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Sat, 23 September 2023


The signs that Salinity is taking holdSadly, this is a problem that many people reading this are all too familiar with ? the movement of salt deposits to the upper part of the soil in concentrations that make it impossible to grow the vast majority of crops currently farmed in Australia. The costs to the Australian economy of this can now be counted in hundreds of millions of dollars per annum ? a figure which stands to rise significantly within the next few years unless something is done.

Dryland salinity is often a direct consequence of the loss of deep rooted native perennial pastures, with the consequent rise of the watertable leading to increased salt concentrations in the topsoil. In many cases, this is directly due to the import of European crops ? and cropping practices with annual plants - into areas completely unsuited to them. The disastrous results may take many years to become apparent, but when they do, the damage is both severe and ? unless a very dramatic way of thinking is adopted ? most difficult to solve.

But not impossible.

How can our system help?

Oldman Saltbush Planted on Saline Land Oldman saltbush is named as such because it tolerates saline conditions. In fact, it can survive on water that contains over 50,000 ppm salt crystals ? a concentration which is significantly higher than that of seawater ? or the equivalent levels in soil matter. However, optimum plant growth occurs from about 10,000 ppm to 15,000 ppm.

The key way Oldman saltbush reduces salt in the soil is through lowering the watertable and permitting the surface salts to be leached by rain to the lower layers of the soil. Once the salts are at lower, then other less tolerant salt species with shallower root structures may grow amongst the shelter of the Oldman saltbush.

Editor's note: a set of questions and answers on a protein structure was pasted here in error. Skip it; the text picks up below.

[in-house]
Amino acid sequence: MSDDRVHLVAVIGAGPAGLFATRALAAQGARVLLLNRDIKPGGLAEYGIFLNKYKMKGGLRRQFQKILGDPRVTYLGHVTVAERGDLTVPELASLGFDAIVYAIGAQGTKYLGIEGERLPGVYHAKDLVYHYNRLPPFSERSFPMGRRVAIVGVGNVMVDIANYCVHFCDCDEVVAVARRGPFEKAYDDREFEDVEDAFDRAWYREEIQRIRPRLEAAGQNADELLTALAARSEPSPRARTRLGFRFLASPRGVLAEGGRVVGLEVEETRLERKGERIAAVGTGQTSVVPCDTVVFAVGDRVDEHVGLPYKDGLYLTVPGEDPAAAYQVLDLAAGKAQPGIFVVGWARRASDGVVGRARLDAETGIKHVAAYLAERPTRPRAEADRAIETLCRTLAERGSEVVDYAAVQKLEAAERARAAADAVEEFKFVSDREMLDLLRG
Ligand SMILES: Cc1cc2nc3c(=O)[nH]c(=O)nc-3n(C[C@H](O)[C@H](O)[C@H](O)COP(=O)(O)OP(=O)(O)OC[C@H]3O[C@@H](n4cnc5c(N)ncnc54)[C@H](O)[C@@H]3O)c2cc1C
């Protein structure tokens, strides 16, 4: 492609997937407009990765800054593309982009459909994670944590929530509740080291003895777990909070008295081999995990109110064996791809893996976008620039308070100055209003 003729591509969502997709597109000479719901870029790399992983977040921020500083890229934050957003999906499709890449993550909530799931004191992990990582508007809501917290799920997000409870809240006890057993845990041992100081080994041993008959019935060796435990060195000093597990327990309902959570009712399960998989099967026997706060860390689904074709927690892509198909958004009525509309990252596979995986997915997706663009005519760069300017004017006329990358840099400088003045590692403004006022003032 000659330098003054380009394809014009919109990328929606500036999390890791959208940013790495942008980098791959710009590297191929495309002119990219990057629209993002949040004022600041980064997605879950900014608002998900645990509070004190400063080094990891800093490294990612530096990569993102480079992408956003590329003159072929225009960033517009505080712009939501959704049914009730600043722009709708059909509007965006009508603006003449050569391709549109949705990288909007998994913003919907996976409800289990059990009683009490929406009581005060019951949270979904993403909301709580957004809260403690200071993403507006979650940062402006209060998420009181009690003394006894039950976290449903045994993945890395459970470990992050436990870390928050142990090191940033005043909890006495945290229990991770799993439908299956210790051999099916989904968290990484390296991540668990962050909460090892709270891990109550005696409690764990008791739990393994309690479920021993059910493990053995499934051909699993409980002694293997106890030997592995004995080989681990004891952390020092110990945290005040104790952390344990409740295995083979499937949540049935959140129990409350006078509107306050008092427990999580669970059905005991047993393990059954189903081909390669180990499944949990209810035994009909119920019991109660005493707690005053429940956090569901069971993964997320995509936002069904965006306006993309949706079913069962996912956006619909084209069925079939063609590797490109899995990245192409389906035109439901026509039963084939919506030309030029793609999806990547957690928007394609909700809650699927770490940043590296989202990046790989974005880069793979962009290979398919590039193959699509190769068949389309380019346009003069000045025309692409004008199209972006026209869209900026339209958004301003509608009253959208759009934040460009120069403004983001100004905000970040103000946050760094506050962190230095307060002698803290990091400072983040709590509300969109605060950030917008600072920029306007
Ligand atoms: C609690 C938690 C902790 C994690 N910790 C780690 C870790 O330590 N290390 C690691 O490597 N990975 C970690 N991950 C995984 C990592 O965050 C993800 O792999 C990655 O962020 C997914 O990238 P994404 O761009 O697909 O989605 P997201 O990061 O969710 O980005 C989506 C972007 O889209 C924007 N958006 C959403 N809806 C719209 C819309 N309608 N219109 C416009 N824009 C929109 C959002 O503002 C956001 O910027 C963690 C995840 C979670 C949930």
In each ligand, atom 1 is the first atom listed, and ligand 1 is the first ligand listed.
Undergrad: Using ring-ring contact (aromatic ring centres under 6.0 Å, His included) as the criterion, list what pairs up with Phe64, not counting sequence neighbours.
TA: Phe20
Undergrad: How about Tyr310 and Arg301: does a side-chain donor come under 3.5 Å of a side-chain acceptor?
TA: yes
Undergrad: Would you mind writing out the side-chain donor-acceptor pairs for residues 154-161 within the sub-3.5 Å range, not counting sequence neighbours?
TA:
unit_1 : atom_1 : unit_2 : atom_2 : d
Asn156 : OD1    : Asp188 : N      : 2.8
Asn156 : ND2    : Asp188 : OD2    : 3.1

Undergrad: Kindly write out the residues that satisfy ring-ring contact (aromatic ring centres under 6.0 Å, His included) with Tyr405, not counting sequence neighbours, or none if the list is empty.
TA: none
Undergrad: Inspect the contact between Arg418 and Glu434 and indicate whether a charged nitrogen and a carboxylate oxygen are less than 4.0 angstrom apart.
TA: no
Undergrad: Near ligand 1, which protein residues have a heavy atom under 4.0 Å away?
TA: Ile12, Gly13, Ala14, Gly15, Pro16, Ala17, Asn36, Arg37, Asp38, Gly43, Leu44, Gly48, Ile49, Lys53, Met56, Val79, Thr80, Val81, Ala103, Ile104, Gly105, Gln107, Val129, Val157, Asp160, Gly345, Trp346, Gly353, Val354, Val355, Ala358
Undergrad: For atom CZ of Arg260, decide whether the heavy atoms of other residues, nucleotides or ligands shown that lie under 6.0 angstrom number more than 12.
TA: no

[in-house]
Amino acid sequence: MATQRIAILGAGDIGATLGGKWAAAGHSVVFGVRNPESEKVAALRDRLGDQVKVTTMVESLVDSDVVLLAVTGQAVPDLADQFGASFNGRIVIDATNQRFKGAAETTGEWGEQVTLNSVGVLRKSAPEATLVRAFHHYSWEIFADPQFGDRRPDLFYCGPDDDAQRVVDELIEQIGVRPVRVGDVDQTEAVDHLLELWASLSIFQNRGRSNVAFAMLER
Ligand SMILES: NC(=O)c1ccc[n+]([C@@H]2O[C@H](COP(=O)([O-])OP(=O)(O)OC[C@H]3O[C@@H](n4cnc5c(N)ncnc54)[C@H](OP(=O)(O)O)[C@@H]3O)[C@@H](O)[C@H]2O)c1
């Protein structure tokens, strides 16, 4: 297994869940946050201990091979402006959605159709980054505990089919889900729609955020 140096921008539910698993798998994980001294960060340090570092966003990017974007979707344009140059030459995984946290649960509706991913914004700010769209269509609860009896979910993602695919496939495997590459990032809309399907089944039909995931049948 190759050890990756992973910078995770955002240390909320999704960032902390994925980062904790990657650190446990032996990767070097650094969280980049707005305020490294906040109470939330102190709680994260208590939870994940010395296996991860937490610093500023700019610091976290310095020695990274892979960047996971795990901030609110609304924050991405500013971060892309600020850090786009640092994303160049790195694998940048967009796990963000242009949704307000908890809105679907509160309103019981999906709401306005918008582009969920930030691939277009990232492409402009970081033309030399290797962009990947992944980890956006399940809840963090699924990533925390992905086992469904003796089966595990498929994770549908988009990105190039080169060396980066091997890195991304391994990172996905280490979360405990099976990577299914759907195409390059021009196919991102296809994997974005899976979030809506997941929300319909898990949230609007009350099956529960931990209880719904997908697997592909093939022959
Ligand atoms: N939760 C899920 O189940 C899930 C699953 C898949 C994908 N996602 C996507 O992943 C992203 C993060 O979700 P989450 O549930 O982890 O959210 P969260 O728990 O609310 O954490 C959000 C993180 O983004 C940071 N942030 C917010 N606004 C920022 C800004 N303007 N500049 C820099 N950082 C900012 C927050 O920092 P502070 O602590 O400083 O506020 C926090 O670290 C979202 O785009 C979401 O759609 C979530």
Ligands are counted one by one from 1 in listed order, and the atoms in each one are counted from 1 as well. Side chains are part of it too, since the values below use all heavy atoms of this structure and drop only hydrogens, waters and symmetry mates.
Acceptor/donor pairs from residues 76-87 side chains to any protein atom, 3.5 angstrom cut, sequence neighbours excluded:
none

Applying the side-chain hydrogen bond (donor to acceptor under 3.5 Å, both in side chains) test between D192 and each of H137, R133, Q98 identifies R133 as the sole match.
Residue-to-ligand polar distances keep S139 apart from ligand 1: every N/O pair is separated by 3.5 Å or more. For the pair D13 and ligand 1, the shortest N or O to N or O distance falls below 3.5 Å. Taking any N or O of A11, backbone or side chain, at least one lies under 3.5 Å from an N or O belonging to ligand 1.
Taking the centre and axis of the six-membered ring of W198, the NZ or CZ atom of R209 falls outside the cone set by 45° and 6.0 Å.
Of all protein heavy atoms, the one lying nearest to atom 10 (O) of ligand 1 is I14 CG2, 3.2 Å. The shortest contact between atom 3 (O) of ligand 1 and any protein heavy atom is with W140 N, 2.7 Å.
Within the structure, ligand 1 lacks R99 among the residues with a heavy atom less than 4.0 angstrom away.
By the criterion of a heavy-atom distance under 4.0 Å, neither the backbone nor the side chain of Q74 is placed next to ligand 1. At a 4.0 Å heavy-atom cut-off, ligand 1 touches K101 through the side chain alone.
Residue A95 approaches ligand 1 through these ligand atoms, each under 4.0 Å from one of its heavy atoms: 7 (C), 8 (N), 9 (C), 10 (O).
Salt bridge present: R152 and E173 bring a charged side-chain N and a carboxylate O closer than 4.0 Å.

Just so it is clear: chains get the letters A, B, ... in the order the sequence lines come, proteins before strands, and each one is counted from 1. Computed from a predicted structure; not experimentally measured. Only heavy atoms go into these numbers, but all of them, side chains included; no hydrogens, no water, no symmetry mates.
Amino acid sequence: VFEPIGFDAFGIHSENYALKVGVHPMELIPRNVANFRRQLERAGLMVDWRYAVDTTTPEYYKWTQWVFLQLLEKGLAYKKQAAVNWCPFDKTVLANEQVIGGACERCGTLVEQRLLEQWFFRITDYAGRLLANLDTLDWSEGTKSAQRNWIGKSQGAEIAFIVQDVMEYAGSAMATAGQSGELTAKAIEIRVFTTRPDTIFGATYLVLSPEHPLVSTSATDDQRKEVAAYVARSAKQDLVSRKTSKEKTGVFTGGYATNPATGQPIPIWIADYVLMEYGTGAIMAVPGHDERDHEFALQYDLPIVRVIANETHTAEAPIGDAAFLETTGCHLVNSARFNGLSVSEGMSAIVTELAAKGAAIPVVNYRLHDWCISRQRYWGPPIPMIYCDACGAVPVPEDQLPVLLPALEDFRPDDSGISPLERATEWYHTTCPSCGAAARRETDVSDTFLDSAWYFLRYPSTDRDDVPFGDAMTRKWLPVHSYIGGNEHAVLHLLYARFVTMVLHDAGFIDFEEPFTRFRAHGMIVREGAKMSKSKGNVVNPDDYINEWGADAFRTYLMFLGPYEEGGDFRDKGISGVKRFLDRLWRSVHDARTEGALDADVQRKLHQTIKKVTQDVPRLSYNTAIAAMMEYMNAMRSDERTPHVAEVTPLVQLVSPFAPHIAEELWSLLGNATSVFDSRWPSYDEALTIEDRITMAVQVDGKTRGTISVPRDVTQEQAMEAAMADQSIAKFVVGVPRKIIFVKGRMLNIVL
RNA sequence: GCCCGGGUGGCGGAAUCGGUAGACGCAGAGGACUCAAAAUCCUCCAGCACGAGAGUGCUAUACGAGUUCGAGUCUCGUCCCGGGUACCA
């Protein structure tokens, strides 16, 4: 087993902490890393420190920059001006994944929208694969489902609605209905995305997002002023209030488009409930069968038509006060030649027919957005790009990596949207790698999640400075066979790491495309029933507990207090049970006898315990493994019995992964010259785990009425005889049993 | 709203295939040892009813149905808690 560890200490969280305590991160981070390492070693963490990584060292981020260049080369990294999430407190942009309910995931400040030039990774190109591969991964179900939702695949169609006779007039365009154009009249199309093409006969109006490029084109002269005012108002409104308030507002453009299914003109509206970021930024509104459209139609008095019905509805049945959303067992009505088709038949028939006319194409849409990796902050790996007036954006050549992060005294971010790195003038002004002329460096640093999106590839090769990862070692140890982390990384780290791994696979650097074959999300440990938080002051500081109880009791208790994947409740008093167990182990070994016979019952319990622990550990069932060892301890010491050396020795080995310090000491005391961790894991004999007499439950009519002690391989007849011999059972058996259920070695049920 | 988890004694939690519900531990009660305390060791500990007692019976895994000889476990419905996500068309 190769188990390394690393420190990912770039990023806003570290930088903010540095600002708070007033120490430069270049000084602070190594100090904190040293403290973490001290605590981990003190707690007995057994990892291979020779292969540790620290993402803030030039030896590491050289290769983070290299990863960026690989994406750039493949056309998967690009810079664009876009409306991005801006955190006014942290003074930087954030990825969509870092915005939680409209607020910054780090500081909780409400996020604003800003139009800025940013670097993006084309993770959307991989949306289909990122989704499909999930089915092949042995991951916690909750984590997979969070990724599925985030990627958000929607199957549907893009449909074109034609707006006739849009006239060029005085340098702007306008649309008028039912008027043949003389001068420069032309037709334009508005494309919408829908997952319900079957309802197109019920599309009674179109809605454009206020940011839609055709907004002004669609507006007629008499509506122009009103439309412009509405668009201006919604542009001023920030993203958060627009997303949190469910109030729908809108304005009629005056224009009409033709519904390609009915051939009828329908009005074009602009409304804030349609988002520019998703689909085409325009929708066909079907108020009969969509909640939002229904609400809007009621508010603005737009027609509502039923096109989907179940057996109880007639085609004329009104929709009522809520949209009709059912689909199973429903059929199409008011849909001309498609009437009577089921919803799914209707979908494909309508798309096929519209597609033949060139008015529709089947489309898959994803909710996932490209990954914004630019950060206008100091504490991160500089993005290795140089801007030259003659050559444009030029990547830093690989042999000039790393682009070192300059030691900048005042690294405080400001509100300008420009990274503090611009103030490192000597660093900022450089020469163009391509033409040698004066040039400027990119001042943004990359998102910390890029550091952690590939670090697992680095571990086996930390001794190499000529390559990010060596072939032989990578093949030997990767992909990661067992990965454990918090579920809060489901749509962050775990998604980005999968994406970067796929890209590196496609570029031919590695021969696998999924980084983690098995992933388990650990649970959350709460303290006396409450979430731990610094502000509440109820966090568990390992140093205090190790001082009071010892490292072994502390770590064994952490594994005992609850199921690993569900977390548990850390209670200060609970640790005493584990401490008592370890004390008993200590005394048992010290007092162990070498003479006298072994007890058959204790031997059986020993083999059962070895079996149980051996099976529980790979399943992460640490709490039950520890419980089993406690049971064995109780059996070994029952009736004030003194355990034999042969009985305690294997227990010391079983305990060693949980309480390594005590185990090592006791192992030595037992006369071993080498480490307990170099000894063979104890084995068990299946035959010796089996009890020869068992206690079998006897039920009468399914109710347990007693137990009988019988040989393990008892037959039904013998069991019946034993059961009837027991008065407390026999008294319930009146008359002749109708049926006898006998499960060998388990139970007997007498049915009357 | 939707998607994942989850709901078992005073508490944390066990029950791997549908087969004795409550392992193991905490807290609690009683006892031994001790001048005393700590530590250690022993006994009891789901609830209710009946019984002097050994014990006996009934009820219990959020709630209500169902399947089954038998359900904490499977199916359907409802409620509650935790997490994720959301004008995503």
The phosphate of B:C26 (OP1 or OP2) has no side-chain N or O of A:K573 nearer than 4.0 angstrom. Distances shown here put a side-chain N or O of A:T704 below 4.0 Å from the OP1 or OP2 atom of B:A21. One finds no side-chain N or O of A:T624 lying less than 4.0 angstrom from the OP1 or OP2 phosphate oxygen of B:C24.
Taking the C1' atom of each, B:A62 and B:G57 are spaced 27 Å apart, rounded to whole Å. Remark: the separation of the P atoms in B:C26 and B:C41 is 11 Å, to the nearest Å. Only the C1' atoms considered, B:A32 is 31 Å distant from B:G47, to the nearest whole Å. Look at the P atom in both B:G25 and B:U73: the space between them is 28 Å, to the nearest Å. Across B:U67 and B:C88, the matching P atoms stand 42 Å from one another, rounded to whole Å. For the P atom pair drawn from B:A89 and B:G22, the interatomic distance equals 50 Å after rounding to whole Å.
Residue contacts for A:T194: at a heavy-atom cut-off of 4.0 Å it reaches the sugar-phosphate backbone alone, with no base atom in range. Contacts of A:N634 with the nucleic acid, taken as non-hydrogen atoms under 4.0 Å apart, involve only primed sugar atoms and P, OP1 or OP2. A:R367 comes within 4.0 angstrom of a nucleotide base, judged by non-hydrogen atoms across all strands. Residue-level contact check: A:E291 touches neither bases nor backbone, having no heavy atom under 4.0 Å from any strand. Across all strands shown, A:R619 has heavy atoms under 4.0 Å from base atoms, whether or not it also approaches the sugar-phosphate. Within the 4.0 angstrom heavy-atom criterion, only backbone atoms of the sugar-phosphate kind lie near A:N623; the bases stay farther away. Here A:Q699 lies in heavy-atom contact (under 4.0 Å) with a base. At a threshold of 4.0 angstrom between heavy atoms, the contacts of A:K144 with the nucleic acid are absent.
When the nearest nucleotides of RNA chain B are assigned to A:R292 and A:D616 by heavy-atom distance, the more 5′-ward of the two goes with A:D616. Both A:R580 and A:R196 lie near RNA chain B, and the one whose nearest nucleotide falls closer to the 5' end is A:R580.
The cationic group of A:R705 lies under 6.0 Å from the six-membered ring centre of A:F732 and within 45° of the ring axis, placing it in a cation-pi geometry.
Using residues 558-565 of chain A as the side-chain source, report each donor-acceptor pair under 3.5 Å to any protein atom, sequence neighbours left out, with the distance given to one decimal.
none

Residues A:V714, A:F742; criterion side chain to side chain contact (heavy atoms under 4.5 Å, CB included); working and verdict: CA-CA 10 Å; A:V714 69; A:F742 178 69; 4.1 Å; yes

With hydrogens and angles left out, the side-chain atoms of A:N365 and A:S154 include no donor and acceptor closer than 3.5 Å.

As a native, deep rooted perennial, its root structure ? which extends up to 4 metres down and almost 10 metres in diameter with a high density ? is able to affect large volumes of soil. It absorbs the salt away from the soil and into the plant system itself. And when the right quantities and types of salt are in the plant, your sheep and cattle can quickly move into a new league of profitability, as you can see here. Furthermore, the need to use salt blocks for your stock will be eliminated.

There is no other fodder crop that can even begin to approach this level of salt tolerance, ability to remove salt from the soil or capacity to sustain the growth of less salt tolerant plants around it.

When it comes to salinity, Grazing Management Systems does more than just solve the problem: we help you take advantage of the opportunity that salt can represent.

© Grazing Management Systems 2001-2004, 2005
PO Box 34  Narromine  NSW, 2821
Phone:(02) 6889 4300  |  Fax:(02) 6889 4500
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